My Lady has decided to take Marley to a nearby arena for a ride this evening. She just got done backing the truck and hitching the gooseneck horse trailer all by herself. She kept easing the truck forward and backward, and got in & out of the truck at least half a dozen times to check her alignment of the coupler. I nickered some encouragement to her. She only backed the lowered tailgate into the trailer once. Then she crawled in and out of the truck bed a couple of times to lock and secure the hitch, attach the safety chains, and plug in the brakes. Whew, I'm exhausted from just being a spectator to this odd dance. She's gone inside to rest a few minutes and have some ice water and a piece of string cheese before fetching Marley.

This is the first time My Lady has hitched the trailer without anyone guiding her. She says it's nice to have a man around to help, but a good horsewoman also has to be strong, capable, and independent.

Be a good boy on your ride Marley.

Saturday, May 16, 2009

Little Life on the Prairie

This evening my stepson was tossing a baseball with some friends outside. As he was running for the ball he spotted this tiny nest in the grass with 3 hungry baby birds huddled inside.

I snapped a couple of pictures in haste because I knew we were treading where we should not. Even though it is blurry, you can see these 3 are anxiously awaiting a parent to return with dinner.

I'm not sure what kind of birds nest in the prairie grass. Perhaps a Grasshopper Sparrow? Do you know what kind of birds nest in Colorado grassland? I'm amazed. The ground seems like such a dangerous place for a bird nest. How can the parents protect them from Fox and other prairie predators? I hope they survive.

Wednesday, May 13, 2009

HOAs vs Horses

HOA = Home Owners Association

Unless you are fortunate to live on a 500 acre ranch, you probably have to deal frequently with nearby neighbors. Sometimes that can be challenging.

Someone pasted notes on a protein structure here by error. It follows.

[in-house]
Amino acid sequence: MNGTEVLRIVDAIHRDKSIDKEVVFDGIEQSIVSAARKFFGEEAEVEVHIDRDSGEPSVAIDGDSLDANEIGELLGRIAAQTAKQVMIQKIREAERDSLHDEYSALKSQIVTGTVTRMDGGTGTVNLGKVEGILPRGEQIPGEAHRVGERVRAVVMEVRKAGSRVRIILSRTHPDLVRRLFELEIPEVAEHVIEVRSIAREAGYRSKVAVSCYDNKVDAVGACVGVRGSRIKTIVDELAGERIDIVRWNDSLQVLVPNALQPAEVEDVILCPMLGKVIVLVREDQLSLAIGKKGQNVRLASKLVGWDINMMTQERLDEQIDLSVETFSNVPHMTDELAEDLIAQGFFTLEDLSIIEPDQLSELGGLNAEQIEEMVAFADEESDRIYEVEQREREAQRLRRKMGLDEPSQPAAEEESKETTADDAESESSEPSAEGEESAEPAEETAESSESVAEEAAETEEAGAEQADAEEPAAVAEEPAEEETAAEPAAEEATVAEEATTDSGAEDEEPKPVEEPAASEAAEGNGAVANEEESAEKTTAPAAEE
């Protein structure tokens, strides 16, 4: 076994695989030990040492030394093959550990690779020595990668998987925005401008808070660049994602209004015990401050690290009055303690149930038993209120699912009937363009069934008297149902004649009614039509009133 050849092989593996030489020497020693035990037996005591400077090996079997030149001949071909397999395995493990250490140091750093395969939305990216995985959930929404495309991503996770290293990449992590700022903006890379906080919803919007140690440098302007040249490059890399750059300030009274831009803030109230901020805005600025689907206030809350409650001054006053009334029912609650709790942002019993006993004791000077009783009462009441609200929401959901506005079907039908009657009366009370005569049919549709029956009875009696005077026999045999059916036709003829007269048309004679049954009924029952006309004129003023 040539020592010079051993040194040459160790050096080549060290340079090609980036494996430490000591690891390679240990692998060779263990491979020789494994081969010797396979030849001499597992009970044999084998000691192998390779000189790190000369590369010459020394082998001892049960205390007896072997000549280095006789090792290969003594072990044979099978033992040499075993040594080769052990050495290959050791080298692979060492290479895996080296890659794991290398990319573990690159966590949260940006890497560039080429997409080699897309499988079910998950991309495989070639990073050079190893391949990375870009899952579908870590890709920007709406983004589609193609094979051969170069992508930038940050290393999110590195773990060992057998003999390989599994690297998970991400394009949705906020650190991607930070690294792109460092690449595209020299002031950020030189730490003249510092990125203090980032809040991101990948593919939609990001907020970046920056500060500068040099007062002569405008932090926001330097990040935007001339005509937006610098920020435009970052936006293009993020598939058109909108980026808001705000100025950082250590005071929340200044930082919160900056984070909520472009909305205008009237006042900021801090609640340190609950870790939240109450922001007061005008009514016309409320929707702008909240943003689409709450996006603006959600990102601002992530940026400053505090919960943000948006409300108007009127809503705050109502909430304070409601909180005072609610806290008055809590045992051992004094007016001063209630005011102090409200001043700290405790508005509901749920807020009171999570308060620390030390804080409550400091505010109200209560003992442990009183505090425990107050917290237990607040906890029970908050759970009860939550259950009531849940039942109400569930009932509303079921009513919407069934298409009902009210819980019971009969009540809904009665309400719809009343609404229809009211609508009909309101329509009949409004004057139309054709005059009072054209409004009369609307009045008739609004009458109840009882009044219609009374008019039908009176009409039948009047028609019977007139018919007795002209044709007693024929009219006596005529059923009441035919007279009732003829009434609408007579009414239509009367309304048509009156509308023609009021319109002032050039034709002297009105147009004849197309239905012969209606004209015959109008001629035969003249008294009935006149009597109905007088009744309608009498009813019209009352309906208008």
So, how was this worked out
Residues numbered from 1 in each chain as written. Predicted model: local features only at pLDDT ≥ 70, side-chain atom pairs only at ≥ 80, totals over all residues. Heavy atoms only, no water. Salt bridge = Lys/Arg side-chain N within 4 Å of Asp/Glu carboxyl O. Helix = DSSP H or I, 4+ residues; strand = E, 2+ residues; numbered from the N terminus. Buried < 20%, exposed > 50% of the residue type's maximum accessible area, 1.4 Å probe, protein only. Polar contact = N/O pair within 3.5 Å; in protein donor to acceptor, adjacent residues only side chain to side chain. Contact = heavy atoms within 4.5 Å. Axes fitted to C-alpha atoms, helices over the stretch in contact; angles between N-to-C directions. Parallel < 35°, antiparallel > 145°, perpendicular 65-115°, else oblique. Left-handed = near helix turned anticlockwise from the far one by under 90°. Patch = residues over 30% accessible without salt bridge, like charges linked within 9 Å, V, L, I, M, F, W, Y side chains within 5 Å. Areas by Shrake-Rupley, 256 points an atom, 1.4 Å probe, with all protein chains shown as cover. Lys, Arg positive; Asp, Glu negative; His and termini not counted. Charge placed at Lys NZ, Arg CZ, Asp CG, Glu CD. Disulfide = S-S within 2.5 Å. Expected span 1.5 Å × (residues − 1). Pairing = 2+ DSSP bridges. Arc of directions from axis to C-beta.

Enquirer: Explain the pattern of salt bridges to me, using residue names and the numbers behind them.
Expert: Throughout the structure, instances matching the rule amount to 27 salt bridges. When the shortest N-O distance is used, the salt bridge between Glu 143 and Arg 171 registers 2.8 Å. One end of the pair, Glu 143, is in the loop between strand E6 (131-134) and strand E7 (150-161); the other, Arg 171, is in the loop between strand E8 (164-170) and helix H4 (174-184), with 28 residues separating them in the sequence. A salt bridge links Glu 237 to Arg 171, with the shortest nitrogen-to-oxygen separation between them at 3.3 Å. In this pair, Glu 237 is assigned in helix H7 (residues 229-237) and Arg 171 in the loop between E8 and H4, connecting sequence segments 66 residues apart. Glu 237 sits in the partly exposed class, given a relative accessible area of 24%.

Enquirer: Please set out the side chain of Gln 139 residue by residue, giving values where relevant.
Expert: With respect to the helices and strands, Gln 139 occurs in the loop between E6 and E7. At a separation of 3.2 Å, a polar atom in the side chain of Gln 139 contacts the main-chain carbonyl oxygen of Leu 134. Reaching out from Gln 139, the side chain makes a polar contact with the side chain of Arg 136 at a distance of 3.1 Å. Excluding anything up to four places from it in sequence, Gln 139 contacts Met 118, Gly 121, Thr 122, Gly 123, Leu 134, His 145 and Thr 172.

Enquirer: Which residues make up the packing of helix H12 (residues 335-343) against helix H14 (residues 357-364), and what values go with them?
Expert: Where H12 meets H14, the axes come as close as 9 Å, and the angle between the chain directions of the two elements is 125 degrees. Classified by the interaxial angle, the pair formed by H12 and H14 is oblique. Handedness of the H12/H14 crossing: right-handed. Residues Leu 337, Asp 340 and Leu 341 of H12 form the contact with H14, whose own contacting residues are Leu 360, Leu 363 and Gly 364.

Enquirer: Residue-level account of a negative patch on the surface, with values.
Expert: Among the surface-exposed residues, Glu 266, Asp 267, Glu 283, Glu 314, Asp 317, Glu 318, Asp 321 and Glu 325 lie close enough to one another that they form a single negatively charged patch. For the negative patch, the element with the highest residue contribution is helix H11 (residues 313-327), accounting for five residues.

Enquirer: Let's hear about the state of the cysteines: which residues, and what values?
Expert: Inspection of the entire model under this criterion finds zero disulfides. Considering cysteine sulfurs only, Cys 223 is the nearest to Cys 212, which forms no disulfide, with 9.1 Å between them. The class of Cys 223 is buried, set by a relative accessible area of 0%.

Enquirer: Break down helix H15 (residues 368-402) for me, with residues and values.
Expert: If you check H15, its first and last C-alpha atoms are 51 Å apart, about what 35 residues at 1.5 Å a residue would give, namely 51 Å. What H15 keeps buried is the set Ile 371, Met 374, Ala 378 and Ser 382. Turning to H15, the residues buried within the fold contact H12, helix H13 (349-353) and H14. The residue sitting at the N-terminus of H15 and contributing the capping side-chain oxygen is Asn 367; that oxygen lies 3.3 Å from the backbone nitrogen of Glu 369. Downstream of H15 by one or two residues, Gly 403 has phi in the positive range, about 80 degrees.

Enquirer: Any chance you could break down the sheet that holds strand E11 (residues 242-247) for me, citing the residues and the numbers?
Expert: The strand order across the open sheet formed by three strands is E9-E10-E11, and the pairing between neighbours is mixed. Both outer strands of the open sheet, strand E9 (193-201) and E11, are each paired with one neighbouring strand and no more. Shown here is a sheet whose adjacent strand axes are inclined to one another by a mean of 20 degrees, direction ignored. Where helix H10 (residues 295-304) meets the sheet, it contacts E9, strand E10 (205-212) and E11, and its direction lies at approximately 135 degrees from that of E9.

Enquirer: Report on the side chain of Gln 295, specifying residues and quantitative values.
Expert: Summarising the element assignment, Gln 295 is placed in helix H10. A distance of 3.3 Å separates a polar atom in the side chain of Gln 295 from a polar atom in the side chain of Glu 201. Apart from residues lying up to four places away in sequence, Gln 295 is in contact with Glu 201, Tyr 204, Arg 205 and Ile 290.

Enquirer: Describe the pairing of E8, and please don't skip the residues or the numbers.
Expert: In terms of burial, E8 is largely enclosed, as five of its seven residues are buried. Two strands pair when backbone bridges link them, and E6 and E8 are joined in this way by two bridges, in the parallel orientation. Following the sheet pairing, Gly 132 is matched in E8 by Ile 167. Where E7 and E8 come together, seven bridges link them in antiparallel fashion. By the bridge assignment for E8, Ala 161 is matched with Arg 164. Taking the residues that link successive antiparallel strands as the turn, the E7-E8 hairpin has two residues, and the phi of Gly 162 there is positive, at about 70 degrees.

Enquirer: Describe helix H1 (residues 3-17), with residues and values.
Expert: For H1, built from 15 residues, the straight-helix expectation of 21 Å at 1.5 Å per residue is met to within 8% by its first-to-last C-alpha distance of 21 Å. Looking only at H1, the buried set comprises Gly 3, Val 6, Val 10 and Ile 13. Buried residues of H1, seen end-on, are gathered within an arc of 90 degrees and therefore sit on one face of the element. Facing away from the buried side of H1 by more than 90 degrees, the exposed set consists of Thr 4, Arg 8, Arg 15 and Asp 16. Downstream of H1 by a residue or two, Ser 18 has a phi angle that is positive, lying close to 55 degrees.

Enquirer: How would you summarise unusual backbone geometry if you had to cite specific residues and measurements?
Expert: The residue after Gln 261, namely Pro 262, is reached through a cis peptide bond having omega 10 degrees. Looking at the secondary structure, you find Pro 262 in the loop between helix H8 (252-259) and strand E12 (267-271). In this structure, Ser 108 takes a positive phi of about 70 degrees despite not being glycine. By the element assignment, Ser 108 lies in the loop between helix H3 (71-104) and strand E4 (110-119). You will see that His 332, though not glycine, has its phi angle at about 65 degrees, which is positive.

We live in a community with a very active HOA and strict covenants. This has its pluses and minuses. It's nice to live amongst well kept homes and uncluttered lots. But like many such covenanted communities, we have our share of feuding, fines, and lawsuits. Most of us play well with others, but it only takes a few people to cause grief for everyone. Oddly, we even have some homeowners who do not like horses. Why would anyone who does not like horses buy a home in an equestrian neighborhood? They should be living in a condo in the city.

Fortunately, we are in the good graces of our HOA and the AC (Architectural Committee). We followed the covenants closely when we built our barn and they were delighted with the result. But I worried when I recently purchased my horse trailer. There is a lot of strife in our neighborhood over trailers, tractors, and implements that are not properly parked and screened. However, because this is an equestrian neighborhood, horse trailers are expected to be here. We don't have to build a huge fence around them, but we do have to park them as discreetly as possible, preferably behind a home or barn so that they are not visible from the street.

Being good citizens, we had a special parking pad created for the horse trailer. It fits nicely right behind our house which hides the trailer from the street. I went one step further to please our neighbors. Rather than choosing red paint to match my truck, I had the trailer painted in a color that most closely matches the house. Afterall, it will spend more time parked next to the house than hitched to the truck. It worked out nicely and the AC committee was quick to approve our plans. Here is how it turned out:

Dirt and boulders were brought in to create a retaining wall and parking area.

I've gotten really good at backing around a 90 degree angle to park the trailer. I just have to be careful not to back up too far.

The trailer; discreetly parked and camouflaged.

Happy horse owner. Happy HOA.

Monday, May 11, 2009

Misty's Monday Muse